Lindsey Lusher Shute discusses Building a Future with Farmers at TEDxManhattan 2013 – Transcript
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Lindsey Lusher Shute – Executive Director and Co-Founder, National Young Farmers Coalition
My guess is that a lot of you in this room can think of someone in your family who farmed way back. The last person before I came along to farm in my family was this guy. My great-grandfather Henry Clarkis Sheets. Henry farmed in the foothills of southeast Ohio where he produced dairy, pork, tobacco, chickens and every fall he used his team of horses to haul apples for a guy named old man Burdet over Brothers Hill to Gallipolis, where those apples were floated down the Ohio River to Cincinnati.
This is Henry at the age of 90 running a track with suspenders. Henry worked hard. And he earned enough to own land, build a farm, build a house and get three of his kids to college, my grandmother included. Those kids became a teacher, a principal, a gas station owner, a welder. But none of them farmed.
That career path that Henry put his kids on so many years ago is the same one that 99% of us are still on today. For generations, farm families have been sending their children away from the farm. And for some good reasons. A dairy crisis, discrimination by the USDA against farmers of color, consolidation, vertical integration, skyrocketing land prices and plummeting incomes. Life has been really tough for a lot of farm families. And opportunity outside of the farm has only grown.
That’s why today there are 28 million fewer farmers in the United States than in 1920 when Henry was farming. And this is in a country with 200 million more people to feed. And because so many young people have left farming, farmers over the age of 65 now outnumber farmers under the age of 35 by a margin of 6 to 1.
My husband and I are farmers. I’m 34. So I’m one of those ones. We along with thousands of young people across this country are bucking the trend by starting a farm operation of our own. These young farmers and ranchers represent an incredible opportunity for the future of food and farming in the United States. They are cultivating their crops by hand and with tractors, this is an Alllis-Chalmers G, tractors that haven’t seen the outside of a barn for 50 years. They are putting their chickens, pigs, cows, goats back on grass where they belong and they are providing jobs and opportunity in parts of the United States that have not seen new industry in decades. They are also growing some amazing food.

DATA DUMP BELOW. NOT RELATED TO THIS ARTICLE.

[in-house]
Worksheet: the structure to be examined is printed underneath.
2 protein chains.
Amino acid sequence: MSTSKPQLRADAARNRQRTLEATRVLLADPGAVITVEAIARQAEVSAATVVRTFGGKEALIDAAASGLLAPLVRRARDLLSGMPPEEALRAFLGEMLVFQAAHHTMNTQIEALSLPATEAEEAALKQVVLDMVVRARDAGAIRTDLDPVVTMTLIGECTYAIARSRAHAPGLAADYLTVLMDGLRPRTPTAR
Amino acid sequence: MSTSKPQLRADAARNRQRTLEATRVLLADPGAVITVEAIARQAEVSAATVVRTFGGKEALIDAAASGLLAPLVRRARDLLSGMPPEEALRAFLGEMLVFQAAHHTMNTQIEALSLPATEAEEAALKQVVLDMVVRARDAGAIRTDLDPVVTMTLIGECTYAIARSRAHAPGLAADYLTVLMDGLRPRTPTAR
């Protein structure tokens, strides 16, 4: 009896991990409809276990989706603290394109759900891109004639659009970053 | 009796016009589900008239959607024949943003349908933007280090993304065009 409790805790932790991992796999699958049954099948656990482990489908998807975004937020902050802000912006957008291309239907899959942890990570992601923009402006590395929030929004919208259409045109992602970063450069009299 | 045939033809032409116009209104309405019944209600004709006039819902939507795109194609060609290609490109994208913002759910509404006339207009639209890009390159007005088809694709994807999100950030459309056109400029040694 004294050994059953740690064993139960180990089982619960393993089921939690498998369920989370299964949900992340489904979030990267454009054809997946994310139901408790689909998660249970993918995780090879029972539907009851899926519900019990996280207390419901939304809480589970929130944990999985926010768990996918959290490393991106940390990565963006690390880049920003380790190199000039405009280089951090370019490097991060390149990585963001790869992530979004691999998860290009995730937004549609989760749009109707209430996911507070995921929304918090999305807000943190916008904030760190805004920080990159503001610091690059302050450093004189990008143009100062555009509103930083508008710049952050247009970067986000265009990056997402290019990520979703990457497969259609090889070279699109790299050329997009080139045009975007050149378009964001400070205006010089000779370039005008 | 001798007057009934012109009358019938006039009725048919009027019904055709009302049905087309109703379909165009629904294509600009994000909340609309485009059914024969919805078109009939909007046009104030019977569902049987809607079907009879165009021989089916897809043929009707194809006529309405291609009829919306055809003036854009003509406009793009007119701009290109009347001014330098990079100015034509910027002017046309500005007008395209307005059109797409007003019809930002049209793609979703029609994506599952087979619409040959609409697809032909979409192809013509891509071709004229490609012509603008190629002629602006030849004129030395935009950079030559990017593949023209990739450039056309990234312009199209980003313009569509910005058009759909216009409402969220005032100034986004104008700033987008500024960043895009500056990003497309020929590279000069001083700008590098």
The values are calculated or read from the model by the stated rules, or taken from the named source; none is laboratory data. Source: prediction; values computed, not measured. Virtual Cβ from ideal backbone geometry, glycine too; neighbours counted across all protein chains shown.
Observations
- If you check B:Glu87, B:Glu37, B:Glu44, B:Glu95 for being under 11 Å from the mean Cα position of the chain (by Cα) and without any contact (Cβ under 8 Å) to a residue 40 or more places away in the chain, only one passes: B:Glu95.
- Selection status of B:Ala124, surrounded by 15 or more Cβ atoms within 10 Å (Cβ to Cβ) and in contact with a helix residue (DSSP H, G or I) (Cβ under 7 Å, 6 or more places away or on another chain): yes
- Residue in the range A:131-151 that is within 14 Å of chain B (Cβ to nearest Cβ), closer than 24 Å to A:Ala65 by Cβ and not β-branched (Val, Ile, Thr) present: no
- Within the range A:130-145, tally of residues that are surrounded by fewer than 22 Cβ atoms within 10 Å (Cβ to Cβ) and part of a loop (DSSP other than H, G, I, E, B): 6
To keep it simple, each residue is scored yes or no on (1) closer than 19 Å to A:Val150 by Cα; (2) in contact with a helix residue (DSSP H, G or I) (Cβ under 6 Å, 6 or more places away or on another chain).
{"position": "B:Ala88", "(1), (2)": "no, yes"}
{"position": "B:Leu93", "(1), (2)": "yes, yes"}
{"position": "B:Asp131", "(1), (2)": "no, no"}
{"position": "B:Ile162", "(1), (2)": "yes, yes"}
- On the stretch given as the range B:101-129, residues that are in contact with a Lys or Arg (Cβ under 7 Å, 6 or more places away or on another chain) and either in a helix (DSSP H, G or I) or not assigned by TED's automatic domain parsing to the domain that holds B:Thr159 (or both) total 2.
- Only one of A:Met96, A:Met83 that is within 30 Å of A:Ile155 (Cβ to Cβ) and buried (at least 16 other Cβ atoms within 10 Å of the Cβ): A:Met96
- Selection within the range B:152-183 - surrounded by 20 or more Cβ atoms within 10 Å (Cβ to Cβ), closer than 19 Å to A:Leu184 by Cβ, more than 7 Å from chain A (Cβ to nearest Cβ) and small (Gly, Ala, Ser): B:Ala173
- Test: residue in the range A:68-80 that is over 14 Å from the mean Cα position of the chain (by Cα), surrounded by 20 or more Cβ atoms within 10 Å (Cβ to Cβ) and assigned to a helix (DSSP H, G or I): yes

These young farmers are demonstrating as have many generations before them that the more a farmer can care for the land the more that land gives back. And not just to a farmer and her family but to an entire community.
This is our farm, Hearty Roots Community Farm. It’s about 100 miles north of this spot. We grow 25 acres of vegetables and produce eggs for a community-supported agriculture program. This CSA program feeds 900 households in the Hudson Valley and here in New York City.
Each year our farm grosses about $425,000 most of which goes to local job creation. We hire about 9 employees, some seasonally, some year-round and they in turn take their paychecks and spend them on local goods and services. We source most of the inputs for our farm locally or regionally and we use a very small percentage of our budget to pay for fossil fuels.
Now compare that with commodity corn, which actually makes sense as a comparison because it’s what our farm was growing before we transitioned it to vegetables. Twenty-five acres of corn is going to gross about $25,000. Half of that is going to be spent on fossil fuels, GMO seed, inputs and only about $750 is going to be spent on labor.
So if Ben and I wanted to create the same benefits growing corn that we do growing vegetables just in terms of jobs we would need to grow 5,000 acres of corn. Which happens to be half of the size of our town of Clermont, New York. And that would be a terrible thing for Clermont, New York because the more farmers you have maximizing the value of the land the more benefits a community and a region can experience.
As I said before, the more a farmer cares for the land, the more they’re able to care for the land, the more that land gives back. What would our rural areas look like if we had one million more farms in this country? Like the Salad Garden in Missouri. Like the West Georgia Cooperative. Like Three Springs Farm in Oaks, Oklahoma. Like Kilpatrick Farm in Albany, New York. Like Bucio Farm in Salinas, California. Or like Sauvie Island Organics outside of Portland.
Just think of the health, economic and environmental benefits that these farms would bring to our communities. We need more farmers. We need a million more farmers. But a million more farmers are not just going to come along. It is not 1920 when Grandpa Henry was farming. Land is crazy expensive. It took 10 years for my husband and I to figure out how to buy land in the Hudson Valley.
Banks forgot how to loan to us. There is now something called the student loan, which takes hundreds of dollars from your bank account every month for decades. Supply chains are in shambles and the federal government is writing policy to basically perpetuate what we already have. The structural environment that we as farmers are working in today is essentially the same that has been driving farmers out of business for decades.